Friday, December 30, 2011

Make A Difference in The New Year

If you have ever read this blog or found yourself here for the first time, Thank You. 
This has been a labor of love on behalf of my husband who found himself diagnosed with this disease. 
There are many others out there...
Please help make a difference in the world by getting involved. 
Spread the word about Pulmonary Fibrosis. 
Do me this one favor and click the link--

Wednesday, December 28, 2011

The Ring and The Card

As I wrote about in a story called "In A Safe Spot", my husband used to toy with me about the whereabouts of his wedding ring.  For quite sometime, the ring no longer fit on his finger. 

I found it not long after his passing.  It wasn't really that hard to find.  All I had to do was open up his closet and there is was, in a white box. 
I wear it everyday. 
I miss him so.

There was discussion about a lost birthday card, that he had all filled out and could not find.  It would have been the last card he actually signed -just for me.  I have not been looking for the card, although I was recently sent a box of chocolates. Well, all really good chocolates go, not in the kitchen, but in a little cubby, behind where my hubby sleeps. 
That way the kids do not eat it all ;) 
So, I went to the little cubby to place the box of chocolates and what do I see in the corner?  A soft gray envelope, just as he described it, slid into the corner.  I pulled the envelope out and without opening it, held it to my heart.  I knew I had found his lost birthday card to me.  You might think I am silly, but of course, I cried a bit.... and then put the card back where it was found. 
Unopened and unread. 
I really miss him.

Tuesday, December 27, 2011

The Christmas Slippers

In an earlier post, I mentioned how my husband comprised a Christmas shopping list for our friend's daughter to pick up.  My hubby had to do this because he was too sick with Pulmonary Fibrosis to go out and unsure if he would make it to the holiday, my husband was so sweet to ensure that I would have presents under the tree on Christmas morn.

My husband's life did not last until Christmas, although sure enough, under the tree, there were packages and presents to me from him.  Before opening some of them, I felt I already knew what they were.  The young girl who did his shopping told me he was very specific about his list. 

There are just some things my hubby got me every year that I could always count on.  One of those things are slippers.  He wanted to always make sure my feet were warm around the house.  The style he always purchased for me were similar to the picture above, ballerina slippers.  So, when a certain package was handed to me on Christmas morning, I knew for sure it was my slippers.  My heart tugged a bit as I began to open the present....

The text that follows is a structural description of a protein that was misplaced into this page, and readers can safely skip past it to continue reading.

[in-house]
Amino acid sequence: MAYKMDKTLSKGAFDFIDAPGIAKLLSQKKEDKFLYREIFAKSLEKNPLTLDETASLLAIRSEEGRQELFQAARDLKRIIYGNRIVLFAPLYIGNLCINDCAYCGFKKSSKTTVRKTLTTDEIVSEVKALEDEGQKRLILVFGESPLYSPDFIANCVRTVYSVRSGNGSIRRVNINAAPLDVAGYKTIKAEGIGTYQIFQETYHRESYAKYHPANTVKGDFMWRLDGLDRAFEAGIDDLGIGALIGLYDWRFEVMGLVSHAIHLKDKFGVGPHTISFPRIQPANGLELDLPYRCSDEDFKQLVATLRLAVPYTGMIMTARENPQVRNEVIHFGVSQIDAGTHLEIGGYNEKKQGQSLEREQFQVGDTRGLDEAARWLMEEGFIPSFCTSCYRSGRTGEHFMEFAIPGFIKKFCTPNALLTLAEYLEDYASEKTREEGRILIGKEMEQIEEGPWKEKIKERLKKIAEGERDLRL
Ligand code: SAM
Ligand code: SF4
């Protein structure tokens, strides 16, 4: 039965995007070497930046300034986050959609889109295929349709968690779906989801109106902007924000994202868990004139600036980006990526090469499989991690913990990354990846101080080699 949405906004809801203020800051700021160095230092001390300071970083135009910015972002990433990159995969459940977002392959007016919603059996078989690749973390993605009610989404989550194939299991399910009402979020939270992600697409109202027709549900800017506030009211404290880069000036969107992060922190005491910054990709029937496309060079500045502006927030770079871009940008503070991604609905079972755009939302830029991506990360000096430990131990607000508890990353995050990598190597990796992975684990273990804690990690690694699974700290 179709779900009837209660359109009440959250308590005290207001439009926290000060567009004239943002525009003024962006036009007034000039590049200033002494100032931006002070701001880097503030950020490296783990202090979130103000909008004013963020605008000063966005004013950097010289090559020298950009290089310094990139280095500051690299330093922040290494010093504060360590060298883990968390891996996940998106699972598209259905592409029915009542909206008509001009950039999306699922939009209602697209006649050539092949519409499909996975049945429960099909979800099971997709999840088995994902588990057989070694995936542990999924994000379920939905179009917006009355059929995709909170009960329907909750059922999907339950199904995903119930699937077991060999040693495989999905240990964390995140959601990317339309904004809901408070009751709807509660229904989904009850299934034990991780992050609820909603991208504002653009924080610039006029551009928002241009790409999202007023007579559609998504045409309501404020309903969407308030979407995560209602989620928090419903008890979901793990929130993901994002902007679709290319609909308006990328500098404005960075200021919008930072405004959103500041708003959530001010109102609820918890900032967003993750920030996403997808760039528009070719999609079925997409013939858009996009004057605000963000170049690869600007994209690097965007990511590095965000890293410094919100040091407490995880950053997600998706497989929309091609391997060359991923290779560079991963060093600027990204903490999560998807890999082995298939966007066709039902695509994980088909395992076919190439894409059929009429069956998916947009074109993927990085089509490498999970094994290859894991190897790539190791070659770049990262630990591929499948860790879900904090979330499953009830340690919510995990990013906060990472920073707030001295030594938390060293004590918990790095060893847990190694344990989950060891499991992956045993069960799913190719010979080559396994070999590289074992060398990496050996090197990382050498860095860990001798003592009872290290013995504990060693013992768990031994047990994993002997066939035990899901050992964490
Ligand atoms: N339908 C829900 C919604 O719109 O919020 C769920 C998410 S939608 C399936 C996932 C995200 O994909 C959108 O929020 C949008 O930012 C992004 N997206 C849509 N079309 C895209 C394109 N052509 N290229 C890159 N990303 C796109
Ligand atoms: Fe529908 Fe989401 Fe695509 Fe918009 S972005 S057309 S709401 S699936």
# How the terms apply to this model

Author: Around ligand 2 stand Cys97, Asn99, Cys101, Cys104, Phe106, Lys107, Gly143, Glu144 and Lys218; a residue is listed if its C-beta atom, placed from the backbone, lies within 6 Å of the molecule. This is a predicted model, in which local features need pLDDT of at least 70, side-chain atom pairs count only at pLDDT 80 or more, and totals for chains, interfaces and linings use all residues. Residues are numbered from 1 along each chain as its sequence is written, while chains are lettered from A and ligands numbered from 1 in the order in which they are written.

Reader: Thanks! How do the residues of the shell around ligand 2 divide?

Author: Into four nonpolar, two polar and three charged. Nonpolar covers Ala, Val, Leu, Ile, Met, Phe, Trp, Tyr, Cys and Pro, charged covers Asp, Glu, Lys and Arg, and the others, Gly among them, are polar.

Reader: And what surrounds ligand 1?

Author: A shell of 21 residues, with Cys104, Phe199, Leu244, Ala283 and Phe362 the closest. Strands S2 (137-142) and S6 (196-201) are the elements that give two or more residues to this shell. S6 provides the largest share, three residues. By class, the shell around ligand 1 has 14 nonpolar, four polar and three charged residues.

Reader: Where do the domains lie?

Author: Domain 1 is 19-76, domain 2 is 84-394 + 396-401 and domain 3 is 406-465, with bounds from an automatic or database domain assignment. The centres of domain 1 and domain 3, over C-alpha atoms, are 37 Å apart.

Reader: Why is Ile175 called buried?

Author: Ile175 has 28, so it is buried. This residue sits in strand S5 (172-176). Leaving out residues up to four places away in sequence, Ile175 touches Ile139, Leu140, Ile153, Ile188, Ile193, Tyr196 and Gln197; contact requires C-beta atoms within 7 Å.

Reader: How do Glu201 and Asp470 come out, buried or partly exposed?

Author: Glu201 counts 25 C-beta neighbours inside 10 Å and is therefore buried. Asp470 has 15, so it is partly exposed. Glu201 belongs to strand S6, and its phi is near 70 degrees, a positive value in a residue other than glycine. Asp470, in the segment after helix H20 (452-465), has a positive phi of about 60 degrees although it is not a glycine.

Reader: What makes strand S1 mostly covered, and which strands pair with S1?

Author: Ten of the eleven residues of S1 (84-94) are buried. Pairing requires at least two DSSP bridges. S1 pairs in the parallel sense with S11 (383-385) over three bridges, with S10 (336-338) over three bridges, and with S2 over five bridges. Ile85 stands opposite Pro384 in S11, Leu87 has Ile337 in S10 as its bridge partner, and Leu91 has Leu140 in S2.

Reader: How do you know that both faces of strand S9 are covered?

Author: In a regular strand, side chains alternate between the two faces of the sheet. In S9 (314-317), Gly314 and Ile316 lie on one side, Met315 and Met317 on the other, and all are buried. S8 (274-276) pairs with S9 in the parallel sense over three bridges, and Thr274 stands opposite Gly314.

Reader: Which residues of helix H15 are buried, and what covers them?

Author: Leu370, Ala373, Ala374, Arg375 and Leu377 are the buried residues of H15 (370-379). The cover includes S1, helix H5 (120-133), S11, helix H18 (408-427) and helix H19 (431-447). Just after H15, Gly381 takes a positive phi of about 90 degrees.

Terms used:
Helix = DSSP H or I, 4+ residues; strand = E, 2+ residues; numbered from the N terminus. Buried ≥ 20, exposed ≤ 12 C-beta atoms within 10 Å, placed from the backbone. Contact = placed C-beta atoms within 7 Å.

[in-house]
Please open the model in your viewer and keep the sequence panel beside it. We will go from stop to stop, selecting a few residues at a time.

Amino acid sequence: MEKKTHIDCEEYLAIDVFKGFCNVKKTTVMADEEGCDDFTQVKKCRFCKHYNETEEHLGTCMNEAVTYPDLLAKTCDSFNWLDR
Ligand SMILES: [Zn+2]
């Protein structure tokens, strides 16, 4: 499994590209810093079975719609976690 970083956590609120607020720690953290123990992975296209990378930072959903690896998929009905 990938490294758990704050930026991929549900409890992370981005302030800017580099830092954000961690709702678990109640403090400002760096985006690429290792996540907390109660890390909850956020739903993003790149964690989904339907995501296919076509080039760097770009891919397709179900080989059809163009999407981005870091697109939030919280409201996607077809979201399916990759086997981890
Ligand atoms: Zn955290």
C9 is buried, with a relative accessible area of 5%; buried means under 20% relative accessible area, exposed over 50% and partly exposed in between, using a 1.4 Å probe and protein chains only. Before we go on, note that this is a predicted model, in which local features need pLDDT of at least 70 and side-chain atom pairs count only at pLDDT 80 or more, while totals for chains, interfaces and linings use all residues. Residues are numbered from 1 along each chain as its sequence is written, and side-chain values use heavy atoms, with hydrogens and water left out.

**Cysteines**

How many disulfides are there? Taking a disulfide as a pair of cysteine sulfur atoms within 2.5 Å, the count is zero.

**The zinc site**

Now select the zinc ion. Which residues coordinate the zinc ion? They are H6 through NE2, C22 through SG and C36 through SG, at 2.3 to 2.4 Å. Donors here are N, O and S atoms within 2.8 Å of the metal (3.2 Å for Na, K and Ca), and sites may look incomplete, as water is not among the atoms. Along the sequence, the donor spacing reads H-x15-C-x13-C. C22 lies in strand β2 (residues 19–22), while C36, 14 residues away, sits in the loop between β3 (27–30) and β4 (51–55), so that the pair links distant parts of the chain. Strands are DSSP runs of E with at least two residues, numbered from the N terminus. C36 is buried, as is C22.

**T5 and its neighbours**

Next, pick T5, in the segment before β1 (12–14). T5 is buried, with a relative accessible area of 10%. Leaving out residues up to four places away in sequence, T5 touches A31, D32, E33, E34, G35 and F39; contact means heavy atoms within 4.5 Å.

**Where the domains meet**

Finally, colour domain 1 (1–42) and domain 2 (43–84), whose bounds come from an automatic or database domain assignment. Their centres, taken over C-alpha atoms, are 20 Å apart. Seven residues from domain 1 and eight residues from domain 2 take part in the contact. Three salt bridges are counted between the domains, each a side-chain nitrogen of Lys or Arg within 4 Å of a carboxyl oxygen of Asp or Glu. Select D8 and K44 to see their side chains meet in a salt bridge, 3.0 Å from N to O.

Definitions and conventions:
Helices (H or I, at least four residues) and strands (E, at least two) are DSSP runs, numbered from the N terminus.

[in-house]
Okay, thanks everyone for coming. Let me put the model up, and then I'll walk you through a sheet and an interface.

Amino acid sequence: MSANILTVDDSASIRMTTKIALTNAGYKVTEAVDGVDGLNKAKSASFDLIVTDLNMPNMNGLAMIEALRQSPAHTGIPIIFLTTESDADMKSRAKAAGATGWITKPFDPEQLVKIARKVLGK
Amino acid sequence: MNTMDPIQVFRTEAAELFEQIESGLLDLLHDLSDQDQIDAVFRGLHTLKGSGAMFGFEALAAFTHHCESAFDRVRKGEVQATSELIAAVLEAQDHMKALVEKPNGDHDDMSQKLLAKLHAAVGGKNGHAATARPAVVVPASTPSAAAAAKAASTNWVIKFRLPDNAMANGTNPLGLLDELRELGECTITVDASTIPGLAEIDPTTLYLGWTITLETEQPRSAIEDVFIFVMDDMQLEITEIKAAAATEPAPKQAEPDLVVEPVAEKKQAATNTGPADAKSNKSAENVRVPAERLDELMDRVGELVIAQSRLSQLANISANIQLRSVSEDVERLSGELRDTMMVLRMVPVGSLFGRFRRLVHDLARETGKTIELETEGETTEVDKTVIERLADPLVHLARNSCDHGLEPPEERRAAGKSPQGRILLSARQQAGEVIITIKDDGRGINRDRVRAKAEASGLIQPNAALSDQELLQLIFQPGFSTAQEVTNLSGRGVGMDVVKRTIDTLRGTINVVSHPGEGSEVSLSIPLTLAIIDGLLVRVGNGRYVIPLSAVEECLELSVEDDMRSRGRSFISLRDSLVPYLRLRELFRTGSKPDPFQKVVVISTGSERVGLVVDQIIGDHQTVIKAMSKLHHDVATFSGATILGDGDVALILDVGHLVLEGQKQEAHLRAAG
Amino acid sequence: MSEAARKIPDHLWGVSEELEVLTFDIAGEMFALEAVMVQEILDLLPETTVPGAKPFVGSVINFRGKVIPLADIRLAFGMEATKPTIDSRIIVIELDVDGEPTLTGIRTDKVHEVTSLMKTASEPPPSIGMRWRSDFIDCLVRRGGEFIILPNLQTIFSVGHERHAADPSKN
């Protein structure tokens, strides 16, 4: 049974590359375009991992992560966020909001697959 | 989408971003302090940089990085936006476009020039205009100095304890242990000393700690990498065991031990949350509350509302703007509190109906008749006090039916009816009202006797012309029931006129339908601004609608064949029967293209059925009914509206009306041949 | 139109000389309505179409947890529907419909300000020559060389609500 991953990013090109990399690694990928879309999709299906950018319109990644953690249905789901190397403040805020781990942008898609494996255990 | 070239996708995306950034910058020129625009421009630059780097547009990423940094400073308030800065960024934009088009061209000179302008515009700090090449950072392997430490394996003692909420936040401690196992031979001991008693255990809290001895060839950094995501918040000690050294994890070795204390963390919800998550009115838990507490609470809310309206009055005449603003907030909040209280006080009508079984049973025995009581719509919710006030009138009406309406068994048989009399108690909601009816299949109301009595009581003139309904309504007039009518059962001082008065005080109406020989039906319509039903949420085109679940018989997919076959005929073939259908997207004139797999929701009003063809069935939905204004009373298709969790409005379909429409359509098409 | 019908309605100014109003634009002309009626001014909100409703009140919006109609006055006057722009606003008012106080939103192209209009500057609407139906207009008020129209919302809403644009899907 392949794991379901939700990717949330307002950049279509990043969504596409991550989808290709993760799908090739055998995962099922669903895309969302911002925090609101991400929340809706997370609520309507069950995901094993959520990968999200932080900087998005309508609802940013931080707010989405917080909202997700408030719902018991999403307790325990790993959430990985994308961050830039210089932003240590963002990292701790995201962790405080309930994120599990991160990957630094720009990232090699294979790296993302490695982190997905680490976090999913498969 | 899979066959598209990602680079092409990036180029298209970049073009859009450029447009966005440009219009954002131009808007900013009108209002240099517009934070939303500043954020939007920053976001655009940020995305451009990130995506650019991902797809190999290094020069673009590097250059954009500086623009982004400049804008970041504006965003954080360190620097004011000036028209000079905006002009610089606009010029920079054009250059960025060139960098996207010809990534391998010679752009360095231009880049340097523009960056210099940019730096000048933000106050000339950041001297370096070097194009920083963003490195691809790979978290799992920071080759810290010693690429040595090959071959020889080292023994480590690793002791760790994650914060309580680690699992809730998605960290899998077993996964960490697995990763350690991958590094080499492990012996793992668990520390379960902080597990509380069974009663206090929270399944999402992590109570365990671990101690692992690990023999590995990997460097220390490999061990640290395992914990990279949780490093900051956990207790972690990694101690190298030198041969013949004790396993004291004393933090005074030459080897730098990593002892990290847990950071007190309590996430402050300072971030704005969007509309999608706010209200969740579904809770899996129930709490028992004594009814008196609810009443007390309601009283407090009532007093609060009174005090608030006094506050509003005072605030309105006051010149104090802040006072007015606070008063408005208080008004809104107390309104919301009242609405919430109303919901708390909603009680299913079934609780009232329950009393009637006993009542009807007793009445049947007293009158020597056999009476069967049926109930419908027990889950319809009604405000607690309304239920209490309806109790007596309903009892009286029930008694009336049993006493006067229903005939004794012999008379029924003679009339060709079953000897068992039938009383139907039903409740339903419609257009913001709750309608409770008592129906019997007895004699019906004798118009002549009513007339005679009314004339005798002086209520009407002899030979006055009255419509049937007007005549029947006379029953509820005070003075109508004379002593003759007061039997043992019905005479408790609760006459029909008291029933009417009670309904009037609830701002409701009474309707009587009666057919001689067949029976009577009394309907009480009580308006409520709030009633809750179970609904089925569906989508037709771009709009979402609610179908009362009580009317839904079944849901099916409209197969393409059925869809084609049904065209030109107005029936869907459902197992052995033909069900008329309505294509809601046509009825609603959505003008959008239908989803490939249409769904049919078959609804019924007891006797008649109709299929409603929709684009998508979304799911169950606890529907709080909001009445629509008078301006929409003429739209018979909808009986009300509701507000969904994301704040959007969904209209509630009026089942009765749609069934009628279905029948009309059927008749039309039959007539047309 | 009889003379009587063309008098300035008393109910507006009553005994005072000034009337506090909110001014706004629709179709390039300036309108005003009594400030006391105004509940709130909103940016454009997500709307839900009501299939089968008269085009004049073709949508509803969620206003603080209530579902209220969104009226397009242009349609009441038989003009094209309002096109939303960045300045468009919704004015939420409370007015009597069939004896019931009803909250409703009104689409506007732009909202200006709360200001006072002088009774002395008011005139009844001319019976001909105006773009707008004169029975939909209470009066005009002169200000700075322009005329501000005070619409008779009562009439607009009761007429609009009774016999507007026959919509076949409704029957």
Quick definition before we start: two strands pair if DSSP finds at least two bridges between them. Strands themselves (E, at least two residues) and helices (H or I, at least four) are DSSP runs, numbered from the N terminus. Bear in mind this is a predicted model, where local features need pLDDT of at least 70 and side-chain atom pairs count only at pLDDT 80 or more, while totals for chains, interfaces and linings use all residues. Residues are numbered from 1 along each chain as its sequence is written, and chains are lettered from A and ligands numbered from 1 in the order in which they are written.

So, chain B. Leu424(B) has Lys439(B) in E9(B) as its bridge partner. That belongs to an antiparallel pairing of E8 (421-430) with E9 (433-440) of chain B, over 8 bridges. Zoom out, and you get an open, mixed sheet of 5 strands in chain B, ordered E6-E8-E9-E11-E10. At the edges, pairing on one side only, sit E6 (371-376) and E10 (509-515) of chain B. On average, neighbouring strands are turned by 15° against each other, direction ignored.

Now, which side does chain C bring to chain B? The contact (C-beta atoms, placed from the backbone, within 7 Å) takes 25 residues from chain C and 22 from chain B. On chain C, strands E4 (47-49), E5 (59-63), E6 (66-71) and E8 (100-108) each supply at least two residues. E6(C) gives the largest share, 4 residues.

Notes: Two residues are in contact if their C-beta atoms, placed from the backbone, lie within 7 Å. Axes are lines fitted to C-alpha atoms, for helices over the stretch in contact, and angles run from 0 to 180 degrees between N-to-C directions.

Then, as I pulled them out of the package, I was surprised to meet these Christmas Elf slippers. 
As I write this, I have to chuckle.  For sure, this would not be what my husband would have normally picked.  Although, the sweet girl who shopped for him thought these are the slippers he wanted me to have. 

For the last few days, I have been walking around the house in these big, curly-toed, Elf-slippers.  They are actually pretty warm and not as difficult to navigate in as one might think, with he exception of walking up stairs.  While they are not my usual, romantic ballerina slippers- I can't help to think my husband is somewhere watching me wear these and is having a really good laugh.

Sunday, December 25, 2011

Blue Jean Boy

Last night on Christmas Eve, I had a dream about my husband. 
He was just glowing and beautiful. 
His blonde hair, soft and curly.  His complexion, just dreamy. 
It was like he was covered in a light.  He was wearing what looked like a black tux. 
With a white shirt beneath. 
I was surprised by this image until I looked all the way at him and noticed his pants were the blue jeans he always wore. 
He looked so healthy and just the way I know him to be. 

 But, like a fool, I said, "Wait!   Where are you going?  You know you can't go out." 

Just then, I noticed that he did not have any oxygen on.  He was standing beautiful, pure and ready to go. 

"I have a doctor's appointment." He  said. 

"Is it possible you are actually getting better?"  I asked him. 

Then, the dream was over. 
It was my first dream about him since he passed. 
I look at this like the best Christmas present I could ask for.